At the time, Catholicism was still widely popular throughout England despite the aggressive reformations undertaken by Henry VIII and significantly expanded by his son, Edward VI. Mary dreamed of a Counter-Reformation against the new Protestant heresy. She was of a strict Spanish-Catholic blood which she inherited from her mother, Catherine of Aragon. The central issue for Mary in her early reign concerned a suitable marriage, and if Catholicism was to be reinstated as the custom of the land then Mary needed to produce an heir. She promised to marry Emperor Charles V’s son, Philip II of Spain (Charles V was the Holy Roman Emperor of the Hapsburg family). However, Philip of Spain was highly unpopular in England. He was a foreign king who was entangled in foreign wars on the Continent. An English rebellion was ignited in Kent against the prospect of King Philip. In 1554, Thomas Wyatt (son of the famous English poet Thomas Wyatt the elder) led a revolt against the marriage of Queen Mary to Philip. Mary and her allies quickly quelled the rebellion and immediately began persecuting Protestants throughout the region. The crackdown included the execution of the imprisoned Lady Jane Grey and her family, hundreds of Protestant martyrs including Thomas Cranmer (the architect of Henry VIII’s religious reforms and the first Protestant Archbishop of Canterbury), and even Mary’s half-sister Elizabeth was implicated. Amidst the chaos, many Protestants fled to exile in mainland Europe. The era was so vicious that English historian, John Foxe, wrote a popular book called the Actes and Monuments (later known as the “Book of Martyrs”). It documented the many agonizing deaths of hundreds of Protestants who were burned at the stake or otherwise tortured to death. The book was highly popular and it did a great deal to damage the Queen’s popularity. It became the second-most read book in England next to the Bible, forever labeling Queen Mary as “Bloody Mary.”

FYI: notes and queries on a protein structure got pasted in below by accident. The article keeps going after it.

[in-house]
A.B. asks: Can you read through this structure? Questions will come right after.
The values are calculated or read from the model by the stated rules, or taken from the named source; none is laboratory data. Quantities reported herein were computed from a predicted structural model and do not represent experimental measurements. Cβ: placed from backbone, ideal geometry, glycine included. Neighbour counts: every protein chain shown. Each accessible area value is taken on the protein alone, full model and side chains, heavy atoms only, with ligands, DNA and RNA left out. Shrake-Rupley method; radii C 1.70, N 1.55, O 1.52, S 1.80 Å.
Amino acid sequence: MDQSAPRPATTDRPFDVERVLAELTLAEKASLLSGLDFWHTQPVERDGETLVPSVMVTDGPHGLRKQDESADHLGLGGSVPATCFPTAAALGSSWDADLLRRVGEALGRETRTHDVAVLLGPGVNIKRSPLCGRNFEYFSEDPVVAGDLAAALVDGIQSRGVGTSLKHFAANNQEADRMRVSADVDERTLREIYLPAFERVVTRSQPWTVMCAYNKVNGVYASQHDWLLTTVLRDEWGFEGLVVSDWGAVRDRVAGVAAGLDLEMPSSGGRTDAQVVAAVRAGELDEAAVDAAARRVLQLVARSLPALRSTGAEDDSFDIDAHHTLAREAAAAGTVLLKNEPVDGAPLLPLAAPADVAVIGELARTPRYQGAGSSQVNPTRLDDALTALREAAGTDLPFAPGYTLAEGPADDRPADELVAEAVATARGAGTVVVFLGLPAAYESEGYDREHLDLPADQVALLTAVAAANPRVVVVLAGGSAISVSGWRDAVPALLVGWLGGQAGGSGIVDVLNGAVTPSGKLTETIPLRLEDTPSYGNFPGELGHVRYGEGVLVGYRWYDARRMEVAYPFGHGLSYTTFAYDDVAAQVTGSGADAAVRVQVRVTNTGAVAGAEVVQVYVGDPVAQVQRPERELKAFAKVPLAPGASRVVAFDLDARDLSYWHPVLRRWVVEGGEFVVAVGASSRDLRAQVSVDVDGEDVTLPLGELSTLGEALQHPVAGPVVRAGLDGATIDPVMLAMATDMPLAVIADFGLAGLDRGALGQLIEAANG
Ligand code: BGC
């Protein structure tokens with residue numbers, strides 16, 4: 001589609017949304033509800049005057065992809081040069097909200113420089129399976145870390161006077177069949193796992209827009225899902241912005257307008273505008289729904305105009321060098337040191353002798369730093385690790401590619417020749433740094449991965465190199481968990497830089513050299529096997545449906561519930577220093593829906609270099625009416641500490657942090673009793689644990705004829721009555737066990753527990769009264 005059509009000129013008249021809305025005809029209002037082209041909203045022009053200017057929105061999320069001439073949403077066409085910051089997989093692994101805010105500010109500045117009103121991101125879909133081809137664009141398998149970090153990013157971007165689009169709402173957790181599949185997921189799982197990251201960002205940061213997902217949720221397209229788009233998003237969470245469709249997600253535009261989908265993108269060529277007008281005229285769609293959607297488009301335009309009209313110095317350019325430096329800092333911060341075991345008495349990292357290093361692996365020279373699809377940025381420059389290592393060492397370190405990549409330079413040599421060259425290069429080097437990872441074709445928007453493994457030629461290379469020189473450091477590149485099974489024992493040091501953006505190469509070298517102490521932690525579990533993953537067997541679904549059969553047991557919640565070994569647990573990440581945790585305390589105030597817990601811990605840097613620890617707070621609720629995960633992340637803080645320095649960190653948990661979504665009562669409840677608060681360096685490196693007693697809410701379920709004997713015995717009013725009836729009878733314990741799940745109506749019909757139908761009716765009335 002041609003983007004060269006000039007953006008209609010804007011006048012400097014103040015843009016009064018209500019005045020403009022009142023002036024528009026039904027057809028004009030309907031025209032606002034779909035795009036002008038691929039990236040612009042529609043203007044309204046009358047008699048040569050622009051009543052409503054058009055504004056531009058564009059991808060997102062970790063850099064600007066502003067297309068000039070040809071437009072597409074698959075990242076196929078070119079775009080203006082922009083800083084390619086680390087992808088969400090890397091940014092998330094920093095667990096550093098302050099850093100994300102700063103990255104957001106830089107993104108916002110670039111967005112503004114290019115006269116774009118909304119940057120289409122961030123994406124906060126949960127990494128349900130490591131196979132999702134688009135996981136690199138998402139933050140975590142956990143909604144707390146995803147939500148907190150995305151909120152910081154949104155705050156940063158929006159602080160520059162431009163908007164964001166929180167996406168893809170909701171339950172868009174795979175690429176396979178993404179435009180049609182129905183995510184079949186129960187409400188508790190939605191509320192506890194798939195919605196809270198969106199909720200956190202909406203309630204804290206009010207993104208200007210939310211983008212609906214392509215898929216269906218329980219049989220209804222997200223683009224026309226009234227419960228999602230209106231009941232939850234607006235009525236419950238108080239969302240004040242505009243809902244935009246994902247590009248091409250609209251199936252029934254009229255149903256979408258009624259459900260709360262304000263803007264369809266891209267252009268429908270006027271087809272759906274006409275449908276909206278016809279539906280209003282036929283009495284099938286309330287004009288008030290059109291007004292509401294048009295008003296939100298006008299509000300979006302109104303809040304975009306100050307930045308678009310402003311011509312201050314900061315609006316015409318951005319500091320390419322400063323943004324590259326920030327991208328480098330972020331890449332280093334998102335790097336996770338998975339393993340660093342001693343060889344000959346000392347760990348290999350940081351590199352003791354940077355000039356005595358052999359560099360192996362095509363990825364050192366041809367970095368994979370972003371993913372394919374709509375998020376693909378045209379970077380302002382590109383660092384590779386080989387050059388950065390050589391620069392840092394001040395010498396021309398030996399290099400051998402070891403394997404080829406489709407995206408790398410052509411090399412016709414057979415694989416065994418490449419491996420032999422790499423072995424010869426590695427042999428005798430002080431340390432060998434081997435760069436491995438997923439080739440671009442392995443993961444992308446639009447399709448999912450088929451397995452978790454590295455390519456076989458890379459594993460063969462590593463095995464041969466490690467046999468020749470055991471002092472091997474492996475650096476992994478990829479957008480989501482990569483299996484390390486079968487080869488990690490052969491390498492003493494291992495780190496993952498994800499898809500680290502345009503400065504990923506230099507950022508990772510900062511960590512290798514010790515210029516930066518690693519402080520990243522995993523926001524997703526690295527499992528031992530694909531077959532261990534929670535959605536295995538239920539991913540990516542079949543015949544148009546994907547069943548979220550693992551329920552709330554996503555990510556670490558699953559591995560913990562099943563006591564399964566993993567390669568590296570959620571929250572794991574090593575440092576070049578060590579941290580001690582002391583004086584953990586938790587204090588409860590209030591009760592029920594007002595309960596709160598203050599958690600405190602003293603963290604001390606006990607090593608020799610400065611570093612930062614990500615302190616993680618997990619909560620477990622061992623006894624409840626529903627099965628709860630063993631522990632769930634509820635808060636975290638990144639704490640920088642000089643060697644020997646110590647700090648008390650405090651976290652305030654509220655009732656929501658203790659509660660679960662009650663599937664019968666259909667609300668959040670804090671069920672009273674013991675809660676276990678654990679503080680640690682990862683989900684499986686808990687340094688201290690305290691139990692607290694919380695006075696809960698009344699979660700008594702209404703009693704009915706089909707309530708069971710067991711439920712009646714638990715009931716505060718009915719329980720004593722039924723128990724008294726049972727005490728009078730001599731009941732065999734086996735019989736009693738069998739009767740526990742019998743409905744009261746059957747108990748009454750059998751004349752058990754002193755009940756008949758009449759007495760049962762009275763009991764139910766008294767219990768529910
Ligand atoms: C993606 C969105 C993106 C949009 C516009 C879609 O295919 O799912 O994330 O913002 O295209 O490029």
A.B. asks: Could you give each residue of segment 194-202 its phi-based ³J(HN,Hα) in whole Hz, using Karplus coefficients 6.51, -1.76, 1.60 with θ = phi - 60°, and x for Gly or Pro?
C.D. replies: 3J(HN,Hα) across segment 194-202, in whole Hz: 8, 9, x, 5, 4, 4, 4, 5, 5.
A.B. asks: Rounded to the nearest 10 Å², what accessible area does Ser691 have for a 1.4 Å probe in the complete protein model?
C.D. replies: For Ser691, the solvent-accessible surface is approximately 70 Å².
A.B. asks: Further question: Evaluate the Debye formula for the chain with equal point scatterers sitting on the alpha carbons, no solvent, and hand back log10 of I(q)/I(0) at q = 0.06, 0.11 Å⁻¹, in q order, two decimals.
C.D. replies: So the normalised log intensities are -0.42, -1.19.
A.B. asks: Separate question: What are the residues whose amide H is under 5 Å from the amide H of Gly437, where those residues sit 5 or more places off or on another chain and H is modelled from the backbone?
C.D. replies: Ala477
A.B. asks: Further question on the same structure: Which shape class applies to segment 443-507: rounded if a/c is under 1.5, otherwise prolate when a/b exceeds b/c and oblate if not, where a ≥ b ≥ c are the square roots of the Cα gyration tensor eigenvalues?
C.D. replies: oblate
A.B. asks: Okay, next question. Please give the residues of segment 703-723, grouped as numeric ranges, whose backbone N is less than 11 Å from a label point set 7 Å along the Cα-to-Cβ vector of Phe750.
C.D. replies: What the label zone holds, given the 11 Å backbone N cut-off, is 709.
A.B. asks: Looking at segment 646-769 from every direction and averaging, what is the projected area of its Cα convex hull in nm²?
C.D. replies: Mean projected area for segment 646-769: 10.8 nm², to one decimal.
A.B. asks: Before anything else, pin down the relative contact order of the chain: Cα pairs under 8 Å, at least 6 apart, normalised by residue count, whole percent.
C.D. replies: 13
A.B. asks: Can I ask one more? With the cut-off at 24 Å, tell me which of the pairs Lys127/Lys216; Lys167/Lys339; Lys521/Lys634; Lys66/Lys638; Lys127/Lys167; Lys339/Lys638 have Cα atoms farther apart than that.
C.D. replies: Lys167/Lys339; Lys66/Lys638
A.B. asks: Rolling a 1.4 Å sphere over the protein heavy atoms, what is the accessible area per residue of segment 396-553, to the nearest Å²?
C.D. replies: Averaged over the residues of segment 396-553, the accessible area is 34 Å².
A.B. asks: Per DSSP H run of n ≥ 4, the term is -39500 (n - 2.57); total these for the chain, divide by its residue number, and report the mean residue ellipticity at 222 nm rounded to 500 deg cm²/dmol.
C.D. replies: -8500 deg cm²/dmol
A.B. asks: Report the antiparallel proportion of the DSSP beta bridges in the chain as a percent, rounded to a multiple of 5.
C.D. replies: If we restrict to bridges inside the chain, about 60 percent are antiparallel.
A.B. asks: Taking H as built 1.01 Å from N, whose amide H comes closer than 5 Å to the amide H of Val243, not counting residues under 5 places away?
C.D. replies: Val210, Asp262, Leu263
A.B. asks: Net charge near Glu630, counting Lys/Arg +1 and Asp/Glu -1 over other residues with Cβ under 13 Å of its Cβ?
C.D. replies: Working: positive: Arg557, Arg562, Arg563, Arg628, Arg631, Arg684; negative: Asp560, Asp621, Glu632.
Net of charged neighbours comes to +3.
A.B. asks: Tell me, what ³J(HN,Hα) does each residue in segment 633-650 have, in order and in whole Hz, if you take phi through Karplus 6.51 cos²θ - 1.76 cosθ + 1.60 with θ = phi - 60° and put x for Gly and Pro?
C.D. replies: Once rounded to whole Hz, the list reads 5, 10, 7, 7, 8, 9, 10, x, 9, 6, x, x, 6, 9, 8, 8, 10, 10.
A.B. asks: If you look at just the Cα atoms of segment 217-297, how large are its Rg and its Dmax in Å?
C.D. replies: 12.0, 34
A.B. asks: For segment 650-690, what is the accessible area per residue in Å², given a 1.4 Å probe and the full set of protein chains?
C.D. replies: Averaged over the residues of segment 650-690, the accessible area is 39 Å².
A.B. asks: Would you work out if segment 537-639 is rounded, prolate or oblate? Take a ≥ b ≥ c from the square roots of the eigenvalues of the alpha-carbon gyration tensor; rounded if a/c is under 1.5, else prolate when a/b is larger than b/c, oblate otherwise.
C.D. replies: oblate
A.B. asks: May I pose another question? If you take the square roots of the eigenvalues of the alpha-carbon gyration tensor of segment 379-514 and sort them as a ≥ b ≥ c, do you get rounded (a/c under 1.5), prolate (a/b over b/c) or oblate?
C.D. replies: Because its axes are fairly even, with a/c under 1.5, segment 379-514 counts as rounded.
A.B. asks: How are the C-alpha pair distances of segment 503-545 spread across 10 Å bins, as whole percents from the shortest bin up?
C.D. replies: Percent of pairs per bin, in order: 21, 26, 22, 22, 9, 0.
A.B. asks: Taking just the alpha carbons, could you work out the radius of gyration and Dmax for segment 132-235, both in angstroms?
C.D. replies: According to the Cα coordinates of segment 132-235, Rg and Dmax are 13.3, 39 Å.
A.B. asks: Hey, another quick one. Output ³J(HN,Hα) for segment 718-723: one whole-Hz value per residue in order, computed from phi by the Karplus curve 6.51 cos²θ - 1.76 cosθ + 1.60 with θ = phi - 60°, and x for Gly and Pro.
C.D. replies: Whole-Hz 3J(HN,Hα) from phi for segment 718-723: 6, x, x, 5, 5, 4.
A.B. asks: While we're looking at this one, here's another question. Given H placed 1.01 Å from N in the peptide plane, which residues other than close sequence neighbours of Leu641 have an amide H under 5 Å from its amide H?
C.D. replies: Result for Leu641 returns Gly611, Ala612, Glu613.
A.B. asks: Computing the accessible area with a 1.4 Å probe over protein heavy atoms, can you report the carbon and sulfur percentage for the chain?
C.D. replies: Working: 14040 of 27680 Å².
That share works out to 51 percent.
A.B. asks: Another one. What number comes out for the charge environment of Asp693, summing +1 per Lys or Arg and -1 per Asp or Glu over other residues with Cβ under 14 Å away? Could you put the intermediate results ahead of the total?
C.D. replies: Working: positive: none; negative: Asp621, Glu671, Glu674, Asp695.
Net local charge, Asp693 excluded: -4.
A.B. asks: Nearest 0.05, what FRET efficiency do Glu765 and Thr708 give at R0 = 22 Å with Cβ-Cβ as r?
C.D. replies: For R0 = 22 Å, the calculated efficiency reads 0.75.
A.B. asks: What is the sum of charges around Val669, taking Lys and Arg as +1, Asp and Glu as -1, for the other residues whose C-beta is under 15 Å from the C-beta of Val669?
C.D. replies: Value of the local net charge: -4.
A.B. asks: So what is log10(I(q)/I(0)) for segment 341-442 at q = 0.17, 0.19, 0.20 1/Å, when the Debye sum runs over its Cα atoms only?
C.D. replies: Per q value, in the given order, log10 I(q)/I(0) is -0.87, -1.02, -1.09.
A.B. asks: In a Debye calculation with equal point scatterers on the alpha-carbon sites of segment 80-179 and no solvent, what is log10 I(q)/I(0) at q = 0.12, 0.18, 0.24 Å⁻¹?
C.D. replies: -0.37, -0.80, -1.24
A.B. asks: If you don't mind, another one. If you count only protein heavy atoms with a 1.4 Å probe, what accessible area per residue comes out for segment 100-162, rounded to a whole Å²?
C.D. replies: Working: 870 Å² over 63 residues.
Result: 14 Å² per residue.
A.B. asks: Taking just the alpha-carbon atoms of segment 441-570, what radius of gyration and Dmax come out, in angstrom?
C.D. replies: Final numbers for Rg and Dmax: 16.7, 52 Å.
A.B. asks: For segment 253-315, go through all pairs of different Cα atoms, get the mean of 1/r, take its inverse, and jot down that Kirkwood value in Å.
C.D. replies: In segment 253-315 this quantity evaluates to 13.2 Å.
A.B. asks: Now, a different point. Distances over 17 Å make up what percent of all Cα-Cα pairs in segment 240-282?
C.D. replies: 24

At any rate, with threats of rebellion put to rest Philip II of Spain landed in Southampton on July 20, 1554. Five days later Philip and Marry were married at Winchester Cathedral. For the ceremony Mary deliberately chose a traditional plain gold wedding band and she publicly swore the traditional woman’s oath: “to be bonny and buxom in bed and at board.” The ceremony was nostalgic -it reminded people of older, simpler times. It carried the hope that the old ways would return again to England. But if English Catholicism was to survive, Mary would need to quickly give birth to a child. Mary was thirty-seven years old and Philip was ten years her younger (his incentive for the marriage was to solidify England as an ally in his war with France).